Charlotte Observer: Customer Satisfaction Improves for Cable, Internet Providers »

CRM Buyer: Pay TV Firms Eke Out Tiny Gains in Customer Satisfaction »

Marketing Daily: Telecom Customer Satisfaction Improving, Slightly »

Multichannel News: Cable Stops Slide But Remains in ACSI Cellar »

Philly.com: Comcast Service Ratings are Better, But Still Low »

Yahoo! Finance: New Customer Service Survey Says Comcast is No Longer the Worst »

Smartphones 2016: It’s a Galaxy and iPhone Universe

When it comes to pleasing consumers, the smartphone market is essentially a two-horse race, with Apple and Samsung running nearly neck-and-neck for the past two years. In 2014, Samsung gained an advantage in ACSI overall, posting 81 on a 0-100 scale to Apple’s 79, but the two market leaders deadlocked the next year.

Results from a recent report by the American Customer Satisfaction Index show Apple inching ahead to grab the customer satisfaction lead in 2016, propelling the cell phone industry average up to 79 (+1.3%). Lenovo’s Motorola Mobility comes in a distant third at 77 (-3%).

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Drilling down to the brand level reveals a preponderance of Samsung and Apple devices at the top, led by Samsung’s Galaxy Note5 at 86. Apple’s iPhone 6s Plus is a mere point behind at 85, while two more Galaxy phones clock in at 84 (S6 edge+ and Note 4). Altogether, a dozen Apple or Samsung models score above the industry ACSI average of 79, with only Motorola’s Moto G penetrating this group at 81.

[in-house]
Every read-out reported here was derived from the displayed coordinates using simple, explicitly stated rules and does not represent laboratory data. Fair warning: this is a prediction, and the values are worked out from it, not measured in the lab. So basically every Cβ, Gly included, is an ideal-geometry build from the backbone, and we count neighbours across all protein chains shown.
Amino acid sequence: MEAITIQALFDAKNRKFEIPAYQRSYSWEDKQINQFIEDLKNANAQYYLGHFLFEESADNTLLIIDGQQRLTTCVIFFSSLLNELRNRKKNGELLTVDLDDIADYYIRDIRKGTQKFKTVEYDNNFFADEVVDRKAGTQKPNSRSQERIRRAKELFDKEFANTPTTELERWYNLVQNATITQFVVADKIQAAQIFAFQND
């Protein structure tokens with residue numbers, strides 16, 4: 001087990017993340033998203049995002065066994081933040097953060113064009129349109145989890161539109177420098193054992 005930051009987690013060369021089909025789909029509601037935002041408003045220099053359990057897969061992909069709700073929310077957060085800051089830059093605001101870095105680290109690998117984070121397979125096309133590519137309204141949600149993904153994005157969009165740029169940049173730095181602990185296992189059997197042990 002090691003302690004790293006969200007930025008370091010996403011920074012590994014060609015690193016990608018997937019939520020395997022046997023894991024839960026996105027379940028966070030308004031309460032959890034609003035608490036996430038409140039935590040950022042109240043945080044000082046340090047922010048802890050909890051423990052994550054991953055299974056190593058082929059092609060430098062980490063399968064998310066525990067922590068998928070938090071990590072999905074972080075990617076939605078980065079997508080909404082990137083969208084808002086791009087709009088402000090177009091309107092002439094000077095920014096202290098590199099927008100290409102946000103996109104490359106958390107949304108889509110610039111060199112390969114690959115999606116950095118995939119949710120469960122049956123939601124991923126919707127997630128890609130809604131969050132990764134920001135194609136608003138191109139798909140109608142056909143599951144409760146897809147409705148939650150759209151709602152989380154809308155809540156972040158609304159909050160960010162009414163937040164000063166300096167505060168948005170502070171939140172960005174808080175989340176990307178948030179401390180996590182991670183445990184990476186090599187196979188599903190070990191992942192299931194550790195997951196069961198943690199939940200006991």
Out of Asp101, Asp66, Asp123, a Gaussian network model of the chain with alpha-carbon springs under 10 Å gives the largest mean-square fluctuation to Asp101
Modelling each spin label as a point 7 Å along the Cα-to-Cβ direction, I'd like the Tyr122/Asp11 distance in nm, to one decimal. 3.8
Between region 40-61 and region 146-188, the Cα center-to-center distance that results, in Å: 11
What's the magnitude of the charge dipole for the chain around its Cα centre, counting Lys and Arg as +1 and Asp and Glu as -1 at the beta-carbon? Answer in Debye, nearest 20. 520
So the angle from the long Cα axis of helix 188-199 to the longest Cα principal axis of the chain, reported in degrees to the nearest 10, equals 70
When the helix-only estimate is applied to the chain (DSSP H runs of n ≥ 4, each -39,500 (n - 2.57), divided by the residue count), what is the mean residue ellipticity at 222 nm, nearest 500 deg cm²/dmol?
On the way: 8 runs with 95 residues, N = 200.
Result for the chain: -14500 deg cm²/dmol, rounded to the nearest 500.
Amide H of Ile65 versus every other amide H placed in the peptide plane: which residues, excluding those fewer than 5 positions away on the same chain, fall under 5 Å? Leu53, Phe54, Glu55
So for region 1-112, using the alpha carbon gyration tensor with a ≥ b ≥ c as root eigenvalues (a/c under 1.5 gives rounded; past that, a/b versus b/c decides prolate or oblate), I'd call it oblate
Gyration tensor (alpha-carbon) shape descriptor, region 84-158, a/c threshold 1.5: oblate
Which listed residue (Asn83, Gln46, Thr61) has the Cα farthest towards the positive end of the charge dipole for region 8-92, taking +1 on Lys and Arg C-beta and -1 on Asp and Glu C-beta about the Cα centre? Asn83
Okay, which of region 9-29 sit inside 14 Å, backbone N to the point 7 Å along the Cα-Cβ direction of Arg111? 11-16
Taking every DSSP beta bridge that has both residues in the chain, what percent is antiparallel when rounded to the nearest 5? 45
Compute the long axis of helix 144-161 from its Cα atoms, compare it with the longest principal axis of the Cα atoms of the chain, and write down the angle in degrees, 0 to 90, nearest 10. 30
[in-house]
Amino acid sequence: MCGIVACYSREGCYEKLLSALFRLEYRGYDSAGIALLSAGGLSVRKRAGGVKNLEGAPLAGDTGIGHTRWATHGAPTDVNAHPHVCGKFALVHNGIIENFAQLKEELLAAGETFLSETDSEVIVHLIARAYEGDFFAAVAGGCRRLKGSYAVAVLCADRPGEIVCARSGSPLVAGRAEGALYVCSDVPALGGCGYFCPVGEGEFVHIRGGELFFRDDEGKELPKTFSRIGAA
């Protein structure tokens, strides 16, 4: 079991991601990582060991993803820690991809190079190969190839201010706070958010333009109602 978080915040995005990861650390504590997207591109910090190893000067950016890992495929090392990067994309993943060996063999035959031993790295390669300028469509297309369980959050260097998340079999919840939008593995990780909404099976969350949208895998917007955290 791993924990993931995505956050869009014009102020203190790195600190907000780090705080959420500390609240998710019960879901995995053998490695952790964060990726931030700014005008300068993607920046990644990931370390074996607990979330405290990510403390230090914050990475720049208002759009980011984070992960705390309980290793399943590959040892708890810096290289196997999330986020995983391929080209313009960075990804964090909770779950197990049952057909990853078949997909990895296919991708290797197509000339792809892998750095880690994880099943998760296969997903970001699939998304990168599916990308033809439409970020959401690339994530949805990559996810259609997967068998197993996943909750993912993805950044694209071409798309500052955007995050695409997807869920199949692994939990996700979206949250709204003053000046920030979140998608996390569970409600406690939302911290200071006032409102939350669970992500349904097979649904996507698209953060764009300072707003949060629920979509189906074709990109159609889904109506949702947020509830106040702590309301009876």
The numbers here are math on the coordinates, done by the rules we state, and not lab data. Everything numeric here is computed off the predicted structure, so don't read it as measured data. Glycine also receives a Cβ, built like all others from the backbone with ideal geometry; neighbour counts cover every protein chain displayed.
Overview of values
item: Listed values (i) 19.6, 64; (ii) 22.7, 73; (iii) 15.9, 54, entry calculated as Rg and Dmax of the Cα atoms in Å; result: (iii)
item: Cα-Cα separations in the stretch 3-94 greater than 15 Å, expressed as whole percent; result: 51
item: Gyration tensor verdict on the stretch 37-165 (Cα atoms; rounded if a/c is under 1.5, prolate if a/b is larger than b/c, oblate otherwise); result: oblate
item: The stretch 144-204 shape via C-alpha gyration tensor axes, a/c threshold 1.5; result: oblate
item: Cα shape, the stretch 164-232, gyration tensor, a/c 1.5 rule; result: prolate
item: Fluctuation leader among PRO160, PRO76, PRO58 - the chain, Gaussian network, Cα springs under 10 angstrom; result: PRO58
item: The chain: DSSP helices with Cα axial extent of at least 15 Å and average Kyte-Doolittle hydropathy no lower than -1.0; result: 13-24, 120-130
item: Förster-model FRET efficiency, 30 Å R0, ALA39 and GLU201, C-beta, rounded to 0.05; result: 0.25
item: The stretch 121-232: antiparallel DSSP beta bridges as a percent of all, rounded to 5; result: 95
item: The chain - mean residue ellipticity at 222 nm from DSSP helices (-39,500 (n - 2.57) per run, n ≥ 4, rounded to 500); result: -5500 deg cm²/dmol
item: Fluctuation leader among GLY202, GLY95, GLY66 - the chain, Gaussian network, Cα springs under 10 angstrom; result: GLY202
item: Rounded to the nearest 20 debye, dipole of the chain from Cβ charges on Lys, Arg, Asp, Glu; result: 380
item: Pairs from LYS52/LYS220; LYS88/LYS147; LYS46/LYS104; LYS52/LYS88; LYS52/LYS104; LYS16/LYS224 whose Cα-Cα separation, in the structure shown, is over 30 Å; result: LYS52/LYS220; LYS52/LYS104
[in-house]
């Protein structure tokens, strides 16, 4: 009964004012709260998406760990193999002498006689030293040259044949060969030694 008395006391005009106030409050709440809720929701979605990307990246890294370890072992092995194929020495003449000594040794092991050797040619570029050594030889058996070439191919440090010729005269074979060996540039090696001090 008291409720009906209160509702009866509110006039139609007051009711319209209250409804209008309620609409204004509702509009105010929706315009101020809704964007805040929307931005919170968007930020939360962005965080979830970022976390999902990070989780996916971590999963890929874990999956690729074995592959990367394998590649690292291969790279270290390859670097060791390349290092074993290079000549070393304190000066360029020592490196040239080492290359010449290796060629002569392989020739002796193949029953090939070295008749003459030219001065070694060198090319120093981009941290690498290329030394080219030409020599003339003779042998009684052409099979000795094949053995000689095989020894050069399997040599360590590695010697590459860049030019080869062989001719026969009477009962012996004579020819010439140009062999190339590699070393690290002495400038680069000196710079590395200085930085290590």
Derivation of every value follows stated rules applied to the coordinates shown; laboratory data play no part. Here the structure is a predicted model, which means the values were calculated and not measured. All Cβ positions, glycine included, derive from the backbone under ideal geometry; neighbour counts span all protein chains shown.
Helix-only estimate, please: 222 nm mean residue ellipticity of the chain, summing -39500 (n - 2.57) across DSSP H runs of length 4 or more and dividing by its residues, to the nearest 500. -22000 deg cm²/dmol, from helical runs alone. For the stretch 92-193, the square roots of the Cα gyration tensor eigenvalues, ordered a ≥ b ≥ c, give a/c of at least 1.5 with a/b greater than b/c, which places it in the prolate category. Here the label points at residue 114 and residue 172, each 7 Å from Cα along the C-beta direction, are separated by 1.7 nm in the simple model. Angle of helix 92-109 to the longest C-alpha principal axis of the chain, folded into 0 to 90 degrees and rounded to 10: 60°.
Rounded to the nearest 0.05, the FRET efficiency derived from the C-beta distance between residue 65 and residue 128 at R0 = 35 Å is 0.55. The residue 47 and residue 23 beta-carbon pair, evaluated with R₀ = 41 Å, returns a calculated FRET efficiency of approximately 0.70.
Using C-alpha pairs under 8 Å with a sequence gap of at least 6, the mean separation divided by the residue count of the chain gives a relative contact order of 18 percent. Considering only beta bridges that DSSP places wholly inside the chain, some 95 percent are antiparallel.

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In general, phones with bigger screen sizes are more satisfying to users. The top four devices in 2016 sport displays that range from 5.5 to 5.7 inches. Among the newest iPhones, Plus models do better than their base versions (iPhone 6s Plus and 6 Plus edge 2 points ahead of 6s and 6, respectively). There are exceptions; for example, the Galaxy S III (4.8-inch display) does quite well with an ACSI score of 80. This older Samsung model ties Galaxy S6 and nudges past S4, S5, and Grand Prime (screen sizes of 5.0 to 5.1 inches).

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CNET.com: Apple’s Only Thiiisss Much Better Than Samsung in Customer Satisfaction »

Investor’s Business Daily: Samsung Phones Top Apple iPhones in Customer Satisfaction »

SlashGear: Galaxy Note 5 Beats All Other Phones in Customer Satisfaction Index »

Priceline Is Most Appealing Online Booking Site

Consumers respond well to naming their own price as online travel agency Priceline surges 8% to grab the lead in the tightly grouped Internet travel service industry. While there has been considerable consolidation among online booking sites, many continue to operate as separate brands. With an ACSI score of 81, Priceline tops the three big names under the Expedia umbrella despite smaller gains for Expedia-owned Travelocity (+4% to 78) and Orbitz (+3% to 77). Nearly lockstep with its other major brands, Expedia’s namesake booking site holds steady at 77.

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Smaller websites, grouped together as “all others,” tend to place at or near the top of the Internet travel industry, which makes Priceline’s ascendency in 2016 noteworthy. Nevertheless, the range of scores among all travel sites is typically quite narrow and the industry overall suffers from lack of differentiation. This year, the aggregate of smaller websites straddles the Expedia-Priceline divide with a score of 79 (+1%), perhaps reflecting the group’s conglomeration of brands that include Expedia’s Hotels.com and Priceline’s KAYAK.com and Booking.com.